In the past, I have sometimes thought that while men are seen as auteurs, women are problems: Not long ago, the received industry wisdom was they couldn’t direct action flicks (as a female studio executive told me); they made chick flicks (a term often used condescendingly and pejoratively); and their box office triumphs were always a surprise (as innumerable news reports have insisted). This troublemaker rap hasn’t disappeared, of course, as is obvious from the false outrage that enveloped Wilde’s “Don’t Worry Darling” last year because she and her male star, Harry Styles, had become involved. It was clear to any thinking person that Wilde’s gender had helped turn that putative scandal into news. It was a dreary and bleak moment. Yet while once I might have gone out of my way to avoid panning a movie by a woman because of her unicorn status, I didn’t hesitate this time. True equality means that women should be able to succeed, fail and move on, just like men; they should be allowed to be as brilliant, flawed and human.
It can seem deeply unfair that more women and members of other marginalized groups have made inroads into this stubbornly exclusionary, historically racist and sexist business at a time when fewer people seem actually to care about movies. And, in truth, one reason women have been able to make inroads is precisely because the industry no longer resembles the highlycentralized, blindingly white, overwhelmingly male-dominated enterprise it was for decades, when independence was rare and the only power most women wielded in Hollywood was as stars. Oneperson’s crisis can be another’s opportunity, and women have continued to pushforward even as the rest of the movie world has flailed.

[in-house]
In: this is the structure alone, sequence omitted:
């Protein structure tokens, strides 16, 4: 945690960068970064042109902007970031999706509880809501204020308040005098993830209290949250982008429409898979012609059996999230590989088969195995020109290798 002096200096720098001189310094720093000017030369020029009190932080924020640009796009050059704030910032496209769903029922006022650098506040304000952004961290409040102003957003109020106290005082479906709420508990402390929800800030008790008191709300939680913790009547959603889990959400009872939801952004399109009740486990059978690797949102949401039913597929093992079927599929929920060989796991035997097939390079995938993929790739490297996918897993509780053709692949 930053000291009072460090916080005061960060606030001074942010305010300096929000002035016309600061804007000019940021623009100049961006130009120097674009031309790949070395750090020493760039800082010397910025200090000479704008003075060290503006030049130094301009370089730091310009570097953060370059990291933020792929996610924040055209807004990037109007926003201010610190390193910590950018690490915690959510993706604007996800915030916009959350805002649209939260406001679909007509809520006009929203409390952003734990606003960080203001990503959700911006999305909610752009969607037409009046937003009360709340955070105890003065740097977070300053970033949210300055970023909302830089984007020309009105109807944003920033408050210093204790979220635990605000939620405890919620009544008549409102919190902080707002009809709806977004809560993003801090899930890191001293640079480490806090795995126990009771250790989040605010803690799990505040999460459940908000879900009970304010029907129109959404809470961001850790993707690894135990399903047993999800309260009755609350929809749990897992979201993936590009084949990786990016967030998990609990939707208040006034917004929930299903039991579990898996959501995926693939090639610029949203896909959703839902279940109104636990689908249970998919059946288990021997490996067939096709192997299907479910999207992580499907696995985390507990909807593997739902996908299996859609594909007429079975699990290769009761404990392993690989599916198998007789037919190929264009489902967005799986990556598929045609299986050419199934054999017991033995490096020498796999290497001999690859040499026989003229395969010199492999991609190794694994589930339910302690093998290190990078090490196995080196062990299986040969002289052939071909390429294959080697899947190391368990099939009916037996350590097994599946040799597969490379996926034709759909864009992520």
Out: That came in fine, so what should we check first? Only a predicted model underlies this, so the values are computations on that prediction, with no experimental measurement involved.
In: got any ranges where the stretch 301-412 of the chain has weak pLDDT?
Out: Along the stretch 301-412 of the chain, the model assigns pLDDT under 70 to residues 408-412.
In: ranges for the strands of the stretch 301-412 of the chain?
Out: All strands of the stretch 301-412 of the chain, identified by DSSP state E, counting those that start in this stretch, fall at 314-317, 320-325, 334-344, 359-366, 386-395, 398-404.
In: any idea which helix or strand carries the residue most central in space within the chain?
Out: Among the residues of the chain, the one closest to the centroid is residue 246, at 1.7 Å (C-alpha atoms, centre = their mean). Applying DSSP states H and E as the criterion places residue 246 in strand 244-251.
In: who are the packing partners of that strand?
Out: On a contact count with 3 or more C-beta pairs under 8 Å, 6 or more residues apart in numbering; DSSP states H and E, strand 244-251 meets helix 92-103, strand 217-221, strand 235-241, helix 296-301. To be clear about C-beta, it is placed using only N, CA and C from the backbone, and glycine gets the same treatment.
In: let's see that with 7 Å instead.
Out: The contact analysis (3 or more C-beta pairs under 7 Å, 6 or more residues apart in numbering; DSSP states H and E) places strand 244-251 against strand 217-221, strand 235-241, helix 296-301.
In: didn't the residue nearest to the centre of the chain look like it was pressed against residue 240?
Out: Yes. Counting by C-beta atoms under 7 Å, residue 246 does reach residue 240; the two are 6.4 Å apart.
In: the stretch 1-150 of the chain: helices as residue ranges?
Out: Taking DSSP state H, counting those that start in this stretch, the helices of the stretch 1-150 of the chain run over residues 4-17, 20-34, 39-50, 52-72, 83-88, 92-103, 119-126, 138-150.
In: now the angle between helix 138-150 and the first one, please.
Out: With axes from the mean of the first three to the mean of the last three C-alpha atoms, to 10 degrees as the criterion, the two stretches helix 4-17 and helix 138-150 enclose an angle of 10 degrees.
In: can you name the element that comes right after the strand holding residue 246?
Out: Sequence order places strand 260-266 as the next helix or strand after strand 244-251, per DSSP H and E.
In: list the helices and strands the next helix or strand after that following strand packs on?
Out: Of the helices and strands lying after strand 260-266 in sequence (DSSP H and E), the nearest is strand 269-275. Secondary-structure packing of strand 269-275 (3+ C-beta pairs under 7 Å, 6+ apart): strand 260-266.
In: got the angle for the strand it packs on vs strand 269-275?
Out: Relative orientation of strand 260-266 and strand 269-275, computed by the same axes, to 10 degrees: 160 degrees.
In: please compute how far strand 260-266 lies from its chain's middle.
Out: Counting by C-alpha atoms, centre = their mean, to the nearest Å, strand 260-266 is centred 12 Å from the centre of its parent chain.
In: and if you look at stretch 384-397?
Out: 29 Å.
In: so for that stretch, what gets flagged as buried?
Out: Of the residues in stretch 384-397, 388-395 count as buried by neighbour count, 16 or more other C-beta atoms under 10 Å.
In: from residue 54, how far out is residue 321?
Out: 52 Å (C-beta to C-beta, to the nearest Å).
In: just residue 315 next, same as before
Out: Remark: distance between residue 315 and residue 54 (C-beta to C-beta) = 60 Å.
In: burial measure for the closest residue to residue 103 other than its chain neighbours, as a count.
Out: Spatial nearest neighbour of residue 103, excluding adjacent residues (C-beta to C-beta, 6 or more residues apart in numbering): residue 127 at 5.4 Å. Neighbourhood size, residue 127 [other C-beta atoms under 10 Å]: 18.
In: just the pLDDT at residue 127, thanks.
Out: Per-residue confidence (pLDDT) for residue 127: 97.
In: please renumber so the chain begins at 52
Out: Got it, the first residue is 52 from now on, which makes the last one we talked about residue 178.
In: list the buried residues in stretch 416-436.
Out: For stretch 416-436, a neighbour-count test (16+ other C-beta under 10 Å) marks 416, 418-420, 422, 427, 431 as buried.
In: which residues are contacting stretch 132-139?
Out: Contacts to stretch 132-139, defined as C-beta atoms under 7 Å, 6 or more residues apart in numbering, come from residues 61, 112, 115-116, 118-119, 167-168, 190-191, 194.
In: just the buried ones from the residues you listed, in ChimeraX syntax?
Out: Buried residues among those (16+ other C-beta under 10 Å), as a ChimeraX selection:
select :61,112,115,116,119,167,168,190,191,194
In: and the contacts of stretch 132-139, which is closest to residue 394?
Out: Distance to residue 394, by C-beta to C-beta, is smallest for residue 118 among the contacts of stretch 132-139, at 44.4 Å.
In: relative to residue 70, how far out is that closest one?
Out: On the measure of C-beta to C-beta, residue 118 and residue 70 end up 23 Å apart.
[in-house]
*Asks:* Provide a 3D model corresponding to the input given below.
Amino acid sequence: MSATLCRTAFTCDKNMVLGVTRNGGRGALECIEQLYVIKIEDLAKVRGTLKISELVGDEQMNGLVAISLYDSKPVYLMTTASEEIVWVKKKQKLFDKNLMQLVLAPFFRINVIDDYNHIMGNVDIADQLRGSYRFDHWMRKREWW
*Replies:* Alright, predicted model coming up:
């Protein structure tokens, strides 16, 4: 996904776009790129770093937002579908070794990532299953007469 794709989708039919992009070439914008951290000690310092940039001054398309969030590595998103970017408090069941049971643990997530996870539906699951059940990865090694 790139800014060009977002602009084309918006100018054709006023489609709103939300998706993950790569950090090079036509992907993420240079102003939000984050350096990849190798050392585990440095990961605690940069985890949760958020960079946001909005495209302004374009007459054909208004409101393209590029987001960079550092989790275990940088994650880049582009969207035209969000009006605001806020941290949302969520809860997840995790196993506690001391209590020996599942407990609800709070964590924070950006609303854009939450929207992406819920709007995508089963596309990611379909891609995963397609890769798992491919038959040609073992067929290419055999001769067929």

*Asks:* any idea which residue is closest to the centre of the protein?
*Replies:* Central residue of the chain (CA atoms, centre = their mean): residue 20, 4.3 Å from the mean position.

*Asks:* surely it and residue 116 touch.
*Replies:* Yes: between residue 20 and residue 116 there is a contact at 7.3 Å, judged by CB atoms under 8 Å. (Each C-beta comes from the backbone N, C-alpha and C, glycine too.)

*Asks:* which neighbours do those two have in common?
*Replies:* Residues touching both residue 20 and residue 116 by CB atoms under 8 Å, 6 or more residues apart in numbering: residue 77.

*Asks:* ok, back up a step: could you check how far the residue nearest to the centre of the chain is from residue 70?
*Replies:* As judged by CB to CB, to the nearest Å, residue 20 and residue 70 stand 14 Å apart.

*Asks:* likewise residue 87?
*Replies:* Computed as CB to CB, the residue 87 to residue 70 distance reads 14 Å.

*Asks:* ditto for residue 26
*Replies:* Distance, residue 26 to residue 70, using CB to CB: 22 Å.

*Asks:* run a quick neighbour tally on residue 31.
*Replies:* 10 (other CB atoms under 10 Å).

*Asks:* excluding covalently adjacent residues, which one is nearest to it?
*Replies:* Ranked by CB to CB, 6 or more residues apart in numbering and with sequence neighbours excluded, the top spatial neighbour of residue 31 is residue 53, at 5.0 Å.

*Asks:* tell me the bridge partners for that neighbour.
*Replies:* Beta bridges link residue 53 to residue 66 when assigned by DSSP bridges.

I know that my optimism may seem strange or counterintuitive or just wishful thinking. I get it. Not all that long ago, I thought it would be best if the entire machine blew up, that the big studios just got it over with and died, making room for others to build something different and better. Certainly the movie industry seems to be doing a fine job of self-combusting. Yet the truth is that despite the statistics and awards, the movie world looks different than it did 30, 20, even 10 years ago. The world looks different. There is, as I’ve suggested, no one reason for the shift in how we think about women and film, but it is a good and hopeful shift. Change has been slow. But change is here because women have followed their muses, honed their craft and heeded their voices no matter the hurdles before them and, in doing so, they have changed ideas about cinematic representation, about who gets to be the hero on set and onscreen. Bigelow, as she reminded me in a 2009 interview, had never made a studio film. Over the past decade, DuVernay has pursued a different path and found a way to work with the system while changing it. They and so many other women are making and remaking worlds in their own image.